What tools can we use?
As health care professional we will find some planning tools more useful than other, however we should still encourage everyone to think about all the different tools.
- Anticipatory Care Plans
- Power of Attorney
- Emergency Care Plans
- Carer Support Plans
We need to use these records as a foundation for all clinical decisions that we make. We should always try and involve the person and those that matter to them as much as possible when making treatment plans.
Anticipatory Care Planning (ACP)
An ACP is one of the most important documents that we can help people with. It is a record of what matters to them and information that will be useful in making any decisions. If someone loses capacity, or we cannot discuss the situation with those that matter to them, we can use the record of discussion to help us make decisions.
Power of Attorney (POA)
If someone has a welfare Power of Attorney, and they have lost capacity, we must include the attorney in the discussions. Even if someone still has capacity it is a good idea to try and involve the attorney where possible.
If someone is admitted to hospital, or is likely to be admitted we should enquire about emergency care plans and where possible help to implement them. These emergency care plans will often identify things which people may be concerned or stressed about e.g. a family member or pet. By helping to quickly resolve issues we can make people feel less anxious.
Anticipatory Care Plans – Information for Professionals
What is an Anticipatory Care Plan?
Anticipatory Care Planning helps people to think ahead and understand their health. It helps people know how to use services better and it helps them make choices about their future care.
This is a process and should involve ongoing conversations between a person, the people that matter to them and the health care professionals involved in their care.
The decisions made during these conversations are recorded in an Anticipatory Care Plan.
The plan should include:
- a summary of discussions
- a record of the preferred actions, treatments and responses that care providers should make following a decline in health
ACPs will often include information about care at the end of life. This includes where people would prefer to be cared for and their wishes about different treatments, including resuscitation. All these discussions should be had sensitively and with consideration.
How do I use an ACP to inform Care?
People’s wishes and the wishes of those that matter to them, must always be taken into account when deciding on treatment plans. By doing this you will make a plan specific to this individual and based on what is important for them.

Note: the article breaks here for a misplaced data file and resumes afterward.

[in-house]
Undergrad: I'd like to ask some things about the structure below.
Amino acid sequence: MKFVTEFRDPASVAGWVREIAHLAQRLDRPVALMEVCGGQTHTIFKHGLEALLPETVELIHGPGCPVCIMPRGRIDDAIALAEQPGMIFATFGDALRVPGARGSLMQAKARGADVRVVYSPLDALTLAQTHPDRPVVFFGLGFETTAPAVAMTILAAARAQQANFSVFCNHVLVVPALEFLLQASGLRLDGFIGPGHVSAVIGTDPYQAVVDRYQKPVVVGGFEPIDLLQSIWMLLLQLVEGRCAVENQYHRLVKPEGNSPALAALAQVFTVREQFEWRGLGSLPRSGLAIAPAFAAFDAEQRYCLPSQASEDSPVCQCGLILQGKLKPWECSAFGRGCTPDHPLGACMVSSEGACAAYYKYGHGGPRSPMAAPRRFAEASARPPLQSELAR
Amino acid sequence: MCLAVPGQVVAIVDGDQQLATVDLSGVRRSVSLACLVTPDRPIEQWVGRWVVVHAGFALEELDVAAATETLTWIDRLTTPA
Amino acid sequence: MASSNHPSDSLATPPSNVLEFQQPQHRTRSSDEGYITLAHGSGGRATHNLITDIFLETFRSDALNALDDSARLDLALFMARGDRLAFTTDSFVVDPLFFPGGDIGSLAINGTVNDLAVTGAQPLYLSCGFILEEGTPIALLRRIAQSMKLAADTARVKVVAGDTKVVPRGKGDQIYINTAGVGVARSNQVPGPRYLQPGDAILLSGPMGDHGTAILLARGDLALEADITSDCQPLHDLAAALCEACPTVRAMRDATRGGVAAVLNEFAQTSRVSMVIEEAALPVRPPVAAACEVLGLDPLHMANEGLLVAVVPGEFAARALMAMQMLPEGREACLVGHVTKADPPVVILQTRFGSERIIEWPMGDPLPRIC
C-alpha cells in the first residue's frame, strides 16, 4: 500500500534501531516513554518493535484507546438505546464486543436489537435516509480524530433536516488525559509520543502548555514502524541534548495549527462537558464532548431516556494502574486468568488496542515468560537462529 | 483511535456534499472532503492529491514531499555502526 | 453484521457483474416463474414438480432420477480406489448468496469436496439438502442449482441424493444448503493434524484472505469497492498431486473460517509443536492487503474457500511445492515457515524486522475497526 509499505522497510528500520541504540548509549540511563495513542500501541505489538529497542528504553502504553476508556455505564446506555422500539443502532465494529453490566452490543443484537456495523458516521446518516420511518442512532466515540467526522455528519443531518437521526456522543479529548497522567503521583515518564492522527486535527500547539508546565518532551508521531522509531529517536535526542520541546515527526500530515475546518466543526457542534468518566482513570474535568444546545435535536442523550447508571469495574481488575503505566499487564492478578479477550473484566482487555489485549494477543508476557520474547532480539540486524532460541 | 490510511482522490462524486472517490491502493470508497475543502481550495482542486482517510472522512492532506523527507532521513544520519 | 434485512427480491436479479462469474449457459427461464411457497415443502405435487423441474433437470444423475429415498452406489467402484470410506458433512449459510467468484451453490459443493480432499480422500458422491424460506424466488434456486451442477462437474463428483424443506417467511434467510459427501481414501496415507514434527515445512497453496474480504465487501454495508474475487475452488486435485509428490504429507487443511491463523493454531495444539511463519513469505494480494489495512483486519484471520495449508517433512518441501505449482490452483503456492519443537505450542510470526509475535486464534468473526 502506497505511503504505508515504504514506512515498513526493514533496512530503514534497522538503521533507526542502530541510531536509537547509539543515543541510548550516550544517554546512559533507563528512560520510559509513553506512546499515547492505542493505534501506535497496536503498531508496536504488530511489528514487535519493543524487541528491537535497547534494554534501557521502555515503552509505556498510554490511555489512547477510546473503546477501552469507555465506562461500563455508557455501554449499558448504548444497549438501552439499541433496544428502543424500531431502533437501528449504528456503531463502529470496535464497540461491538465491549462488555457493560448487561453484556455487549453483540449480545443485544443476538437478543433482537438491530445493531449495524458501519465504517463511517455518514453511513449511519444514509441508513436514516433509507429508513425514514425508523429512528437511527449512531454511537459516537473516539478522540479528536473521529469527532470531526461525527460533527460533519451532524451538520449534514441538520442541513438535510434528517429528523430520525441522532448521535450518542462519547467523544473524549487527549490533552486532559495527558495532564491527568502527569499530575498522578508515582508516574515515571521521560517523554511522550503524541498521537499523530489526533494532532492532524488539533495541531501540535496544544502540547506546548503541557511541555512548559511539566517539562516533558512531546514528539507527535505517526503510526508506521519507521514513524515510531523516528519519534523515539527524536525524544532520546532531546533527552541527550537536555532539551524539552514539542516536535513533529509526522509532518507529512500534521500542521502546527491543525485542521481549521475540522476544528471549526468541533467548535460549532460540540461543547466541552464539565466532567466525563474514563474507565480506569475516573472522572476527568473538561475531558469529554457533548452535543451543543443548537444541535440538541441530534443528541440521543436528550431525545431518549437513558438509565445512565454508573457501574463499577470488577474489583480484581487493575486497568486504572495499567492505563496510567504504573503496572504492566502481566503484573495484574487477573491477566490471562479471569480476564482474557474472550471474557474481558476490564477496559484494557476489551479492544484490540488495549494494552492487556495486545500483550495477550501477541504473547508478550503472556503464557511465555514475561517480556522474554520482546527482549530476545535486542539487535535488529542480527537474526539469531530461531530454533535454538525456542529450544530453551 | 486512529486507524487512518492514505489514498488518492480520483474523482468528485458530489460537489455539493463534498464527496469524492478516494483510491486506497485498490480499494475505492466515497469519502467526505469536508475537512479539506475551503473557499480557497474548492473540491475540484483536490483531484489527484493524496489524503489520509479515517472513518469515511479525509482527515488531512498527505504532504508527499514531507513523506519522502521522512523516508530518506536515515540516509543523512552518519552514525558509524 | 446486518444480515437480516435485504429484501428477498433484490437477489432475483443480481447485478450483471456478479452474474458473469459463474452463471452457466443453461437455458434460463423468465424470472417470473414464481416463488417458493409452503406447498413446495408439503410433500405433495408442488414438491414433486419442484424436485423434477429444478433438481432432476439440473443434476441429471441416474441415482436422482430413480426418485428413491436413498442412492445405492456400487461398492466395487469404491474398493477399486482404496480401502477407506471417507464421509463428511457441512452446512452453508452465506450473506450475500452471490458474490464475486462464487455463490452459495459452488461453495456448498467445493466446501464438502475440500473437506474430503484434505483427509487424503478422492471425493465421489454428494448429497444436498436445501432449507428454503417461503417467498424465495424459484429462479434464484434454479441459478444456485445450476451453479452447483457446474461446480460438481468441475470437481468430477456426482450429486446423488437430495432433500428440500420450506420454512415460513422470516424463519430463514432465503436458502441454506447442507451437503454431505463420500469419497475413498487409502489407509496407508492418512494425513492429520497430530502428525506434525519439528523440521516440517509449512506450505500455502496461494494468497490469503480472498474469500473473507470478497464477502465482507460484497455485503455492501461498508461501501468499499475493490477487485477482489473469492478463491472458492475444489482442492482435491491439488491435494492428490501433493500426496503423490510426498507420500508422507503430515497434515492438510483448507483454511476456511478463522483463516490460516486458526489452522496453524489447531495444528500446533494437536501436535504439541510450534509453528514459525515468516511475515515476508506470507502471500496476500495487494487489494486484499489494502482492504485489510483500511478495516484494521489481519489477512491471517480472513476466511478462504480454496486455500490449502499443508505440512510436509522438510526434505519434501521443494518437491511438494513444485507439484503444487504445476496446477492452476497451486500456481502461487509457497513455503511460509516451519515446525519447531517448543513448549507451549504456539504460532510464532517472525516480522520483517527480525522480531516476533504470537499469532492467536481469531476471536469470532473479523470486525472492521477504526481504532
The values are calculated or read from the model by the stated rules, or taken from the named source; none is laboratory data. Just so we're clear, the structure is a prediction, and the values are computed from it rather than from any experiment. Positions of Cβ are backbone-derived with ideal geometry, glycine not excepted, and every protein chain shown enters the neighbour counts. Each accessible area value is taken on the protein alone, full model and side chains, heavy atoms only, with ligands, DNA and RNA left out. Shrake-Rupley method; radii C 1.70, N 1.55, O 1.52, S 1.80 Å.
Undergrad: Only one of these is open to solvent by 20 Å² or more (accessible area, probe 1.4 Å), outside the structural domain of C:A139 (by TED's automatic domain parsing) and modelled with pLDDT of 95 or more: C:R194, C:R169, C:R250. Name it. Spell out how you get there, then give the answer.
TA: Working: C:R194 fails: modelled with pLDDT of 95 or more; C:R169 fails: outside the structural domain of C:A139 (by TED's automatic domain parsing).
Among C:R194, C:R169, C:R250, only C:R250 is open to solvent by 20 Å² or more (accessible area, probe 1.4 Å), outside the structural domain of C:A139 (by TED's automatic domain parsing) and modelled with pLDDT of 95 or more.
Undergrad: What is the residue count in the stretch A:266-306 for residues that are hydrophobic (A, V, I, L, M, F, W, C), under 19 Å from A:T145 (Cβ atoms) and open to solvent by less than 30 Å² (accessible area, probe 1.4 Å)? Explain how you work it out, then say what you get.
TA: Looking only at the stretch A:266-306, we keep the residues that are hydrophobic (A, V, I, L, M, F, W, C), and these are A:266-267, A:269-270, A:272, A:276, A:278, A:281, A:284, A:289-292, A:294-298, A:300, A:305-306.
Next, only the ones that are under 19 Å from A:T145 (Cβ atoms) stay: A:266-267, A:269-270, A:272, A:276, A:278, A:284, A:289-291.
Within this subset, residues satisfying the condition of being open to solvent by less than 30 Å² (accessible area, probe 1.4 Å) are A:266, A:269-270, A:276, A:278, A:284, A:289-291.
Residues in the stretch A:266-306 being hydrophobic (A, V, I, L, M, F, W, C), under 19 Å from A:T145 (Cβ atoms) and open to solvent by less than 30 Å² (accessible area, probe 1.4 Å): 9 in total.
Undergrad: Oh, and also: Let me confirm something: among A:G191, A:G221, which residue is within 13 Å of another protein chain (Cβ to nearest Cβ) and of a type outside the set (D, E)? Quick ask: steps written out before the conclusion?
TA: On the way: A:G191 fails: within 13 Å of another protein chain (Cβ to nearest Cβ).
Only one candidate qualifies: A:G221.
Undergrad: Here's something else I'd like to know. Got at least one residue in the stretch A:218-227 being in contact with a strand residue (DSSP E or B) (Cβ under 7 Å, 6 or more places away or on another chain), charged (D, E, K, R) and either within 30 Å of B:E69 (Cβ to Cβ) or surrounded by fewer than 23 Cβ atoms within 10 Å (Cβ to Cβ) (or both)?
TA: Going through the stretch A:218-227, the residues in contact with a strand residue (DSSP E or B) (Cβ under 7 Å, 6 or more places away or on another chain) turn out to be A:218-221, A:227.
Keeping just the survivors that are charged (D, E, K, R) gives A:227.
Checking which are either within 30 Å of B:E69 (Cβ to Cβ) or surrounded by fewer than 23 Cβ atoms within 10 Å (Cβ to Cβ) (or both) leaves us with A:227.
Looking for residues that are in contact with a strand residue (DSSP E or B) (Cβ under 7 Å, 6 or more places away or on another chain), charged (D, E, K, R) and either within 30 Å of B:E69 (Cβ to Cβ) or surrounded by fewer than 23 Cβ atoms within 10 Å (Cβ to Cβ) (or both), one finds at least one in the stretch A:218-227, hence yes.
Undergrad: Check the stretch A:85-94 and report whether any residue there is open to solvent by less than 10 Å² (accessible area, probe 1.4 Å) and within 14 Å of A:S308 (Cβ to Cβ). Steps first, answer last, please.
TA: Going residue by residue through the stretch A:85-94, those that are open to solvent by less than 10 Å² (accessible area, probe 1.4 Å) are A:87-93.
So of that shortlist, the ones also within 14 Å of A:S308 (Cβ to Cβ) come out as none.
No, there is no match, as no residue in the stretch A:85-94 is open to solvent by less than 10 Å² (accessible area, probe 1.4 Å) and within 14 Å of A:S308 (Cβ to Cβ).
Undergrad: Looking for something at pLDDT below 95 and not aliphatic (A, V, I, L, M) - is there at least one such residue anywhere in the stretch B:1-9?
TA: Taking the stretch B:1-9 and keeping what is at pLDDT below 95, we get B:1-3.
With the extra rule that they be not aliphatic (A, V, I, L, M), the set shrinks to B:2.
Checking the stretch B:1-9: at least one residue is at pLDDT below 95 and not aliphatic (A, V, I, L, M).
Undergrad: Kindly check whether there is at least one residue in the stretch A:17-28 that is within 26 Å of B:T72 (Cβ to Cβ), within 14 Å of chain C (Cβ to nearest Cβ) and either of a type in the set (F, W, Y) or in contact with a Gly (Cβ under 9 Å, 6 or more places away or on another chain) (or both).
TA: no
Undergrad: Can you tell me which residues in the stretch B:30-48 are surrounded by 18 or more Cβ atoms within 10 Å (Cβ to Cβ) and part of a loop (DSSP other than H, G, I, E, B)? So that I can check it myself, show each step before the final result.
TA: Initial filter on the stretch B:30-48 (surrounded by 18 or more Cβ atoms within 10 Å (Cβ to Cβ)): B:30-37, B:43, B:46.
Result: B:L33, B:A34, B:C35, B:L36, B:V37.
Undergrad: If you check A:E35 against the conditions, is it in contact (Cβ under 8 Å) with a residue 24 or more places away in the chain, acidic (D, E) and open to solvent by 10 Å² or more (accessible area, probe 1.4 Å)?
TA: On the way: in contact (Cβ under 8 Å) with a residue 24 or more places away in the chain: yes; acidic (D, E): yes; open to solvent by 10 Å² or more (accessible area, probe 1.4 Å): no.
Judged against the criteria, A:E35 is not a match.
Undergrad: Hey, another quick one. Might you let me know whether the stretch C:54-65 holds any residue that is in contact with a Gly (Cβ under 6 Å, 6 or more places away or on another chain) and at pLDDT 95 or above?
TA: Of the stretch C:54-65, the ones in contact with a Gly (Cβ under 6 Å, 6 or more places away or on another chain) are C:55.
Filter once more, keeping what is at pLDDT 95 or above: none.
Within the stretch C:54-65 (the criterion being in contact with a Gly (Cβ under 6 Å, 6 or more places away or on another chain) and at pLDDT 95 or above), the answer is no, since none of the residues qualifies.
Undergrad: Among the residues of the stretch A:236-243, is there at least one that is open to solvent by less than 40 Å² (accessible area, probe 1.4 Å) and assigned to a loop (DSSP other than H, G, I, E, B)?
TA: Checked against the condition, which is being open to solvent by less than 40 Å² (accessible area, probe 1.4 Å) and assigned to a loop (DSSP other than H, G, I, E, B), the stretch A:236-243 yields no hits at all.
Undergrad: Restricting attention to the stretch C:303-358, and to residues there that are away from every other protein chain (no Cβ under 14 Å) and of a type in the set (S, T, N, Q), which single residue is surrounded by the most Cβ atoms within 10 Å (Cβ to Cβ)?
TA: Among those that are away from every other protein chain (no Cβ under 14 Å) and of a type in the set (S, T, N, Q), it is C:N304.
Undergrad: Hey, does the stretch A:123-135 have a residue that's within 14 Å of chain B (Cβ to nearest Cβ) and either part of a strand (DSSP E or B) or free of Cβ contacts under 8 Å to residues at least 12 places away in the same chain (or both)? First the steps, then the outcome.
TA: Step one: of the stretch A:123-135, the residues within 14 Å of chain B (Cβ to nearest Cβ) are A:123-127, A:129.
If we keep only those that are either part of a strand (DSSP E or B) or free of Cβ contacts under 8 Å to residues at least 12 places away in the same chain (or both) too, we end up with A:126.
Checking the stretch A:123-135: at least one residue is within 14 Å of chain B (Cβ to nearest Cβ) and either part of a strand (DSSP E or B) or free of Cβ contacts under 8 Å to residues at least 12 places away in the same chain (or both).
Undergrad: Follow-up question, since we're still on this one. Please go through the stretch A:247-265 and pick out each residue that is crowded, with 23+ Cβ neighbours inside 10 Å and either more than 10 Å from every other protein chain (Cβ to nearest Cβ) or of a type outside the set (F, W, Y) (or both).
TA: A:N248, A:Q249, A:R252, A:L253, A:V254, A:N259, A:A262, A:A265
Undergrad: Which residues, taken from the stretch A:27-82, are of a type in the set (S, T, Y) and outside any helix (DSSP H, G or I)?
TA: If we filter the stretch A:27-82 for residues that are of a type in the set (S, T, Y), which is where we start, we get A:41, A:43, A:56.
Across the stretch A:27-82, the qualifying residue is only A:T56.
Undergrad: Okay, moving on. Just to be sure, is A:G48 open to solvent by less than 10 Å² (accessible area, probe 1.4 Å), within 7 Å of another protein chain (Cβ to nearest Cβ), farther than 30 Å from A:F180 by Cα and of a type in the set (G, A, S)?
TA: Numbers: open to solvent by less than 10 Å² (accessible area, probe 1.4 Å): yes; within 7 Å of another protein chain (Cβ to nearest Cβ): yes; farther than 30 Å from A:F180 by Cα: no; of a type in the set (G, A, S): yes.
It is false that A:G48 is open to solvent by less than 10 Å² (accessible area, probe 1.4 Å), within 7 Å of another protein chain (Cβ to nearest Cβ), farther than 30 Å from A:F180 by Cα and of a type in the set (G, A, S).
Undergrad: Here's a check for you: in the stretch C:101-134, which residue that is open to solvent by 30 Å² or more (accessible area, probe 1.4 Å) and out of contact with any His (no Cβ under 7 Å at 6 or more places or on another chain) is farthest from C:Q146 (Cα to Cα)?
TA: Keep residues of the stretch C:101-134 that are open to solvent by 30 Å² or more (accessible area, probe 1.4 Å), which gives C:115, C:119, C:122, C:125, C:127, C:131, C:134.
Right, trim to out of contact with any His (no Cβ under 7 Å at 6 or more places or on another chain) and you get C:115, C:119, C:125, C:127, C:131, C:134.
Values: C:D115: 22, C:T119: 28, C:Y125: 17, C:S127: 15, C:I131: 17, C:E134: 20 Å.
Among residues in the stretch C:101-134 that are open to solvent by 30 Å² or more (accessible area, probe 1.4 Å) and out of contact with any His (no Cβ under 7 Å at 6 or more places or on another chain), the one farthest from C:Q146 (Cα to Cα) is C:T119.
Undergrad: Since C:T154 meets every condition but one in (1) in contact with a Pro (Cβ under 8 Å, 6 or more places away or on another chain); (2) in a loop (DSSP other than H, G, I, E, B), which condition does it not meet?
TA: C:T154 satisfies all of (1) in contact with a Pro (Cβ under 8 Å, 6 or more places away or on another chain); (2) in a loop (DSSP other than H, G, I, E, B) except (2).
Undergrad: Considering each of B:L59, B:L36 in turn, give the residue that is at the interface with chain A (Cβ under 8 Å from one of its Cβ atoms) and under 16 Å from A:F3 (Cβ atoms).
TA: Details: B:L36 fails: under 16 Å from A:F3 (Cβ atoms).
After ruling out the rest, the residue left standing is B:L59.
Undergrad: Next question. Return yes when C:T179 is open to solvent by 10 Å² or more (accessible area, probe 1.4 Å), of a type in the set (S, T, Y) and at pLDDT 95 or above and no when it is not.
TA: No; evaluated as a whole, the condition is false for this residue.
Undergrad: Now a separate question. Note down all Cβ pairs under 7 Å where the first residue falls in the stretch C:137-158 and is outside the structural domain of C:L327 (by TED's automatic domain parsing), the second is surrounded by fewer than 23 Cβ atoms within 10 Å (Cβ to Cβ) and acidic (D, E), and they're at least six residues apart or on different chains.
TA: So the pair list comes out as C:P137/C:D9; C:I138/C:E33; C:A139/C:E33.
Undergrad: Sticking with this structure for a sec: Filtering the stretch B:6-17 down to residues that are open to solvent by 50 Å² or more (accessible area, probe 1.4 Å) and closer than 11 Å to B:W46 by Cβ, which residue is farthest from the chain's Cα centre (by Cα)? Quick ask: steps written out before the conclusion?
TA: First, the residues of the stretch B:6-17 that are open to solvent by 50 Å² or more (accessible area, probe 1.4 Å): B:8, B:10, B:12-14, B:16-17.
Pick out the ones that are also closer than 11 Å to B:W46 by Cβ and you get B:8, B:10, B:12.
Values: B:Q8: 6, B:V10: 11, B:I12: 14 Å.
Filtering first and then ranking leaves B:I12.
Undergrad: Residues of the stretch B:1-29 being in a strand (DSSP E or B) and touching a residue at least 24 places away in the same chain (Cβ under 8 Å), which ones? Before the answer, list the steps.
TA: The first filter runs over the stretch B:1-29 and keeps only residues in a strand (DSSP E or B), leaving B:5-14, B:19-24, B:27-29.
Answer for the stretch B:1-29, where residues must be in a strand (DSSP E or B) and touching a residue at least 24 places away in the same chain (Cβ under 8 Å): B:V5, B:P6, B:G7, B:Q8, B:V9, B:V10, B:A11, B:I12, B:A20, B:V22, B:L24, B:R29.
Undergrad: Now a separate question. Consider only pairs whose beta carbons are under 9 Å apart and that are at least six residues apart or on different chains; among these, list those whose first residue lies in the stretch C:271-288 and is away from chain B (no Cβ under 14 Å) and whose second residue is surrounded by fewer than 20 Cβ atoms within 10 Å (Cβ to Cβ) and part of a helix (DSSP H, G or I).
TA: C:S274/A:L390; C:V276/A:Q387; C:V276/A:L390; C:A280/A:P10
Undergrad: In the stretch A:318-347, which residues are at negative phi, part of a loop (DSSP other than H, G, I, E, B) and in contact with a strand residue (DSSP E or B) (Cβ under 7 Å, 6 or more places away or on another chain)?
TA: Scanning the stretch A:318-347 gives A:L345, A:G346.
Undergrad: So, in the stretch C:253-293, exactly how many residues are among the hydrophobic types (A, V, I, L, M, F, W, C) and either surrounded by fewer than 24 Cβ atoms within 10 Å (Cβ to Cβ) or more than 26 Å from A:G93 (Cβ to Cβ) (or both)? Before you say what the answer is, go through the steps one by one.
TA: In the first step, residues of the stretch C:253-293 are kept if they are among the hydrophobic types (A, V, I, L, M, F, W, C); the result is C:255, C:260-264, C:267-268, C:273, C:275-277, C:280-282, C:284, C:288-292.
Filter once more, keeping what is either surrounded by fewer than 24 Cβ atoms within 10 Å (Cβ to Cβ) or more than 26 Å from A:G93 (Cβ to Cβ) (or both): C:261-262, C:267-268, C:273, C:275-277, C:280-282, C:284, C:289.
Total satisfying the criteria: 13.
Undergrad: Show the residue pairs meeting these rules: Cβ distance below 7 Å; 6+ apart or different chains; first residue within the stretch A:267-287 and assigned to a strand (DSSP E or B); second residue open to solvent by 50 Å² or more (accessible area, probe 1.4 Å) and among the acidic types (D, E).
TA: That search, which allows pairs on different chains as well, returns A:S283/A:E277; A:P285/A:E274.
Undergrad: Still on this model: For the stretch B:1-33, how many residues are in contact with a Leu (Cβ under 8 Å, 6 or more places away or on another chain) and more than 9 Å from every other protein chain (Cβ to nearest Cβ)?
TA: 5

An ACP can help us plan for where treatment should be delivered and this in turn may lead to discussions about the level of treatment which can be provided in these locations. It is important that we come to an understanding with people regarding their health goals so that we can make realistic plans.
What is the difference between a Treatment Escalation Plan (TEP) and an Anticipatory Care Plan (ACP)?
What is a TEP?
A Treatment Escalation Plan (TEP) is a document which is completed during a hospital stay (usually on admission or following a change in circumstance). This document records decisions related to escalation of treatment, and the investigations and interventions that are deemed appropriate in the event of deterioration. The aim of this process is to give clear instruction so as to avoid any unnecessary or non-beneficial interventions at the end of life.
A TEP is only valid until a the person is discharged or has died. Upon each new admission a new TEP must be completed.
What is an ACP?
An Anticipatory care Plan (ACP) documents the goals and preferences of the person, which may include decisions about end of life care and treatment. This helps everyone make a unique treatment plan which reflects the person’s wishes and values. An ACP is a record of ongoing discussions which may evolve as circumstances change. An ACP may be used in acute or community settings. Anyone may have an ACP and the document is valid at all times.
An ACP may inform what information is recorded in a TEP (review the Portal ACP on admission). Similarly any new discussions or decisions that are made when making the TEP should be recorded on the Portal ACP so that colleagues out-with acute setting have all the relevant information they require.
More information on TEPs is available on the NHSGGC Realistic Medicine webpages.